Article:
I’ve previously mentioned how much I enjoy The Hunt, Joyce Cohen’s weekly column in the New York Times in which she describes the housing search of someone brave enough to take on the NYC real estate market. Prior installments of the column have featured lawyers and even law students.
Last week’s installment featured a lawyer at Quinn Emanuel, who went house hunting with his wife, who works at a test-preparation company. The home they wound up getting would probably be viewed as bike storage by John Quinn, but it’s plenty nice by the standards of mere mortals.
How much did they pay, and how much space did they get? Would you be impressed if I told you they got 1,500 square feet for less than $750,000?
* “Beware of conservatives bearing gifts.” While there may be a federalism argument to be made in the DOMA case, it’s really about discrimination. It’s too bad some are afraid to stand up and say that. [Opinionator / New York Times]
* Sooo… was Melvyn Weiss, founder of Milberg LLP, really old, really drunk, or really old and drunk when he allegedly recited part of the alphabet as, “H, I, L, M, N, O, P, Q, R, S, T, U, V, W, S, X, U, V, W, S, I, C”? [Am Law Daily]
* “Can’t fire me, I quit” moments are much better when they involve partners. Ogletree’s ex-VP was asked to leave over a dispute with another lawyer, so he resigned. [Thomson Reuters News & Insight]
* The U. of Arizona is thinking about lowering tuition by 11% for in-state students and 8% for out-of-state students. On behalf of your indebted students, MOAR doing and less thinking. [Arizona Republic]
Ed. note: The Asia Chronicles column is authored by Kinney Recruiting. Kinney has made more placements of U.S. associates, counsels and partners in Asia than any other recruiting firm in each of the past six years. You can reach them by email: firstname.lastname@example.org.
We currently have a very exciting and rare type of in-house opening in China at one of the world’s leading internet and social media companies. Our client is looking for an IP Transactional / TMT / Licensing attorney with 2 to 6 years experience. The new hire will be based in Shenzhen or Shanghai. Mandarin is not required (deal documentation will be in English) but is preferred. A solid reason to be in China and a commitment to that market is required of course. This new hire will likely be US qualified (but could also be qualified in UK or other jurisdictions) and with experience and training at a top law firm’s IP transactional / TMT practice and could be currently at a law firm or in-house. Qualified candidates currently Asia based, Europe based or US based will be considered. The new hire’s supervisors in this technology transactions in-house team are very well regarded US trained IP transactional lawyers, with substantial experience at Silicon Valley firms. The culture and atmosphere in this in-house group and the company in general is entrepreneurial, team oriented, and the work is cutting edge, even for a cutting edge industry. The upside of being in an important strategic in-house position in this fast growing and world leading internet company is of the “sky is the limit” variety. Its a very exciting place to be in China for a rising IP transactional lawyer in our opinion, for many reasons beyond the basic info we can share here in this ad / post. This is a special A+ opportunity.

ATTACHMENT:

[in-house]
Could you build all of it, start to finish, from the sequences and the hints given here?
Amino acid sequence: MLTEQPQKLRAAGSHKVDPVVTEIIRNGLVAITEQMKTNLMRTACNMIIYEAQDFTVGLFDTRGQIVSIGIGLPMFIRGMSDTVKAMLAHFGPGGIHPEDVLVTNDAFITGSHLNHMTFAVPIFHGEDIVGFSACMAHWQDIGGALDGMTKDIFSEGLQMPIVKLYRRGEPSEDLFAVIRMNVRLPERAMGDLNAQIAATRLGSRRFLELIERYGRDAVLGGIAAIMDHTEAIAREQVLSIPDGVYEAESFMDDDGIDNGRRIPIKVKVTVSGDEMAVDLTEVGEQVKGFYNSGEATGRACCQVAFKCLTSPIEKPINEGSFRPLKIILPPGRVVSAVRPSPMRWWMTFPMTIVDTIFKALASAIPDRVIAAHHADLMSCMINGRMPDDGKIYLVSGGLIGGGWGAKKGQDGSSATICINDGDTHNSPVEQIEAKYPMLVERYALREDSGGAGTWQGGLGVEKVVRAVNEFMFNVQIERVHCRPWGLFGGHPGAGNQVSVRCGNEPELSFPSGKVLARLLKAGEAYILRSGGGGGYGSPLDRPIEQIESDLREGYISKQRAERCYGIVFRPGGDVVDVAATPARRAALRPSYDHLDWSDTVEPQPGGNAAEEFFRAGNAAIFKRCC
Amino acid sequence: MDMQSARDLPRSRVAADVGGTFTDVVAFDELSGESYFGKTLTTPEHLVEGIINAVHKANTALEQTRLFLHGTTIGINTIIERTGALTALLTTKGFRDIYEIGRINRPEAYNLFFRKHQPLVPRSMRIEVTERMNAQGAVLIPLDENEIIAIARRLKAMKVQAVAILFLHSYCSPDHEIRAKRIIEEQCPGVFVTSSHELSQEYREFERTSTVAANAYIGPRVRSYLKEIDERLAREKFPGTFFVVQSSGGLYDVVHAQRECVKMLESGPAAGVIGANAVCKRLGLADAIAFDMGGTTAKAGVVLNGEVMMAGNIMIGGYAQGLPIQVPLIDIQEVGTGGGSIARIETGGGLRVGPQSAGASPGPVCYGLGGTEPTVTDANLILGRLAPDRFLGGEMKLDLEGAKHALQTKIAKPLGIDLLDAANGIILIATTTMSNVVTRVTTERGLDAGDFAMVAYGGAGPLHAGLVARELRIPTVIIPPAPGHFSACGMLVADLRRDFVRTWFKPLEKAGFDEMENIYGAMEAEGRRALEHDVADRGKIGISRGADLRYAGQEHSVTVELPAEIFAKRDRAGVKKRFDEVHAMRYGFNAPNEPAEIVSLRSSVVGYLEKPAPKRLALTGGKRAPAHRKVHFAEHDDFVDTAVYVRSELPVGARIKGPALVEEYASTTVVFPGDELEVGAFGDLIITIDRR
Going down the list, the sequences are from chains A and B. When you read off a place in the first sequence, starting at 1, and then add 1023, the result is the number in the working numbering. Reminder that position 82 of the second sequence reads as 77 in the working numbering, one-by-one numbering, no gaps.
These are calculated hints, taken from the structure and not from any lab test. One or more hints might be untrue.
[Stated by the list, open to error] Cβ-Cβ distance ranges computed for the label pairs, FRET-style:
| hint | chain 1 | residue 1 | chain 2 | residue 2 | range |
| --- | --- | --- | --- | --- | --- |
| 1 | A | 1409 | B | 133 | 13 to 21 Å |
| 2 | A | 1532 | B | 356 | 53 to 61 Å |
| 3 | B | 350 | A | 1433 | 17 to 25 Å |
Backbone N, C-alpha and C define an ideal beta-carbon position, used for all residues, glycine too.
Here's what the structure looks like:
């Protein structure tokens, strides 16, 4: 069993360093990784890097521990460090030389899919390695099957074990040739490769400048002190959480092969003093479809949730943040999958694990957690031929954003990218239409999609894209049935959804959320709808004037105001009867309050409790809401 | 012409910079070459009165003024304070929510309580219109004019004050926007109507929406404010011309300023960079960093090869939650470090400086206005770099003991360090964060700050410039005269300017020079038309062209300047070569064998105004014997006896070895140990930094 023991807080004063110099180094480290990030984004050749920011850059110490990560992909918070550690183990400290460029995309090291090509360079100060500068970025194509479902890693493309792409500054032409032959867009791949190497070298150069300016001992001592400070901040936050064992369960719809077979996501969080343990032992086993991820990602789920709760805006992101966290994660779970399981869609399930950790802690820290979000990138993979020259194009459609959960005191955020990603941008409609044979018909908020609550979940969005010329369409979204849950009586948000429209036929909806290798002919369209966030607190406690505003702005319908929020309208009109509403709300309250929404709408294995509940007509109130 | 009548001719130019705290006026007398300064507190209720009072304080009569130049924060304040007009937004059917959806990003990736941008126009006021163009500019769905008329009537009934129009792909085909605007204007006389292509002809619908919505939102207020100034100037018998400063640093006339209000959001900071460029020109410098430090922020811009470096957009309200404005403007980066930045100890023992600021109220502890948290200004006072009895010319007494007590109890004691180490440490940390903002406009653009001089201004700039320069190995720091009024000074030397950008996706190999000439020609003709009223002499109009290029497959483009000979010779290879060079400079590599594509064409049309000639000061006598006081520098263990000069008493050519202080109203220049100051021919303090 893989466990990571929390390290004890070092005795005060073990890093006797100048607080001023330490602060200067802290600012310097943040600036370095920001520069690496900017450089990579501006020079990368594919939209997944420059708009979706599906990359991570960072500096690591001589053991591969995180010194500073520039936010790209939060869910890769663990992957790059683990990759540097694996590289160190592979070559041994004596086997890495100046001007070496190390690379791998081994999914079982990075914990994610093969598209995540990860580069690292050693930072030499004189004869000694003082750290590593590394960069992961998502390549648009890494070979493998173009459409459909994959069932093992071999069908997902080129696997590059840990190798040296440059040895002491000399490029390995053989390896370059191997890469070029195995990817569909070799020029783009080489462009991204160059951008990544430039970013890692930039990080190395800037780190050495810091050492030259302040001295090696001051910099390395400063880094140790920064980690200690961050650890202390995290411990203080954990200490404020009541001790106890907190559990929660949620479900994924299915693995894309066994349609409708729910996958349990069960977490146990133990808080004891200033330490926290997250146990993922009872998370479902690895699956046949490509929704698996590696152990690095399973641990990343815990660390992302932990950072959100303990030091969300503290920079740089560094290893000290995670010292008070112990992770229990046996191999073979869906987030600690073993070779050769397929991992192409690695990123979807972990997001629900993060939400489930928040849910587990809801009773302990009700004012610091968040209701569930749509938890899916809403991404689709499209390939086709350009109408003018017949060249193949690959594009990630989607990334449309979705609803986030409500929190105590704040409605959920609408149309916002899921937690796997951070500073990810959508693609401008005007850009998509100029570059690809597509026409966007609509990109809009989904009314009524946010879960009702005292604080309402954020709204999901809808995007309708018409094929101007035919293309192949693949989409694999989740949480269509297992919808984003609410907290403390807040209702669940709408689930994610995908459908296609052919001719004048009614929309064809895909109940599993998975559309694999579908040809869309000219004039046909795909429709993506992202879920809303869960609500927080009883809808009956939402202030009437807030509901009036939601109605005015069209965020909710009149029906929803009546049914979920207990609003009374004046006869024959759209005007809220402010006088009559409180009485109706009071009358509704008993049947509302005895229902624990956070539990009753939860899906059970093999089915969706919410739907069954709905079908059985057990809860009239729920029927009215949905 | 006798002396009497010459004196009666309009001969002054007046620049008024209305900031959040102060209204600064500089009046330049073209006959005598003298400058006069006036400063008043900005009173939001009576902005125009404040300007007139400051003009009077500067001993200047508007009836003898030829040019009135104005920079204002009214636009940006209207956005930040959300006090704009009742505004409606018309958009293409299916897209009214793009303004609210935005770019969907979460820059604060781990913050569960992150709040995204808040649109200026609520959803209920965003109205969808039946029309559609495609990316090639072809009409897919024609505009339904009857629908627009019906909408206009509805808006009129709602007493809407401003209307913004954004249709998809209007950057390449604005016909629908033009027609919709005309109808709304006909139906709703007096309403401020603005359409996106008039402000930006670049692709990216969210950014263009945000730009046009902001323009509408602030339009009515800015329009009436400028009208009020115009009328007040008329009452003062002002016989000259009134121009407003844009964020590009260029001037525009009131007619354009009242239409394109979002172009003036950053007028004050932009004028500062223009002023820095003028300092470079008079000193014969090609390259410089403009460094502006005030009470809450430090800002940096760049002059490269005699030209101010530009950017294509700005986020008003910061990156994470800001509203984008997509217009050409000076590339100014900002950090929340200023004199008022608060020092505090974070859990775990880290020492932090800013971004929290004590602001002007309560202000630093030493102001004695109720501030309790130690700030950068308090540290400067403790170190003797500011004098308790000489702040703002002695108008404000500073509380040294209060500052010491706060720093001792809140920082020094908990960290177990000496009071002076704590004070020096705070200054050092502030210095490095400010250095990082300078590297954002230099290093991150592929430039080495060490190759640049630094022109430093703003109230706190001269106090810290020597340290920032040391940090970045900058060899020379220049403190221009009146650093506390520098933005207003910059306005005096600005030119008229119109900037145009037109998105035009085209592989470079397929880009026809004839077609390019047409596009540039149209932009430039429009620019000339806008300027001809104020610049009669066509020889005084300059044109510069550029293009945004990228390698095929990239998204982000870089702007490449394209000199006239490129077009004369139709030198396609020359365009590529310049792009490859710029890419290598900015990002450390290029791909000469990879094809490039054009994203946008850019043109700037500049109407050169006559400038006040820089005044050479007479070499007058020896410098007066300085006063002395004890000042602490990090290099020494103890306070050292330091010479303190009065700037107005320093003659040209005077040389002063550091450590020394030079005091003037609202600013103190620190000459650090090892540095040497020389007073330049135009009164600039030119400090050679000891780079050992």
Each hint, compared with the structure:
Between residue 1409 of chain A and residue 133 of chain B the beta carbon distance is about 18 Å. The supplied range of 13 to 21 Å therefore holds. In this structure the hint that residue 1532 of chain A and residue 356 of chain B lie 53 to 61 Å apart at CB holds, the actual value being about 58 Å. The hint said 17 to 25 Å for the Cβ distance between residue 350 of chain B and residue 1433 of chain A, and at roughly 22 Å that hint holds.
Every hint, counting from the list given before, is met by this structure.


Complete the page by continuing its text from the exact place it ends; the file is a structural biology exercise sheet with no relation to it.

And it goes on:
If your firm is in ‘go’ mode when it comes to recruiting lateral partners with loyal clients, then take this quiz to see how well you measure up. Keep track of your ‘yes’ and ‘no’ responses.
1. Does your firm have a clearly defined strategy of practice groups that are priorities of growth for your office? Nothing gets done by random chance, but with a clear vision for the future. Identify the top practice areas for which you wish to add lateral partners. Seek input from practice group leaders and get specifics on needs, outcomes, and ideal target profiles.
2. In addition to clarifying your firm’s growth strategy, are you still open to the hire of a partner outside of your plan? I’ve made several placements that fit this category. The partner’s practice was not within the strategic growth plan of my client, but once the two parties started talking with each other, we all saw how it could indeed be a seamless fit. Be open to “Opportunistic Hires.” You never know where your next producing partner might come from, so you have to be open to it. I will be the first to admit that there is a quirky element of randomness in recruiting.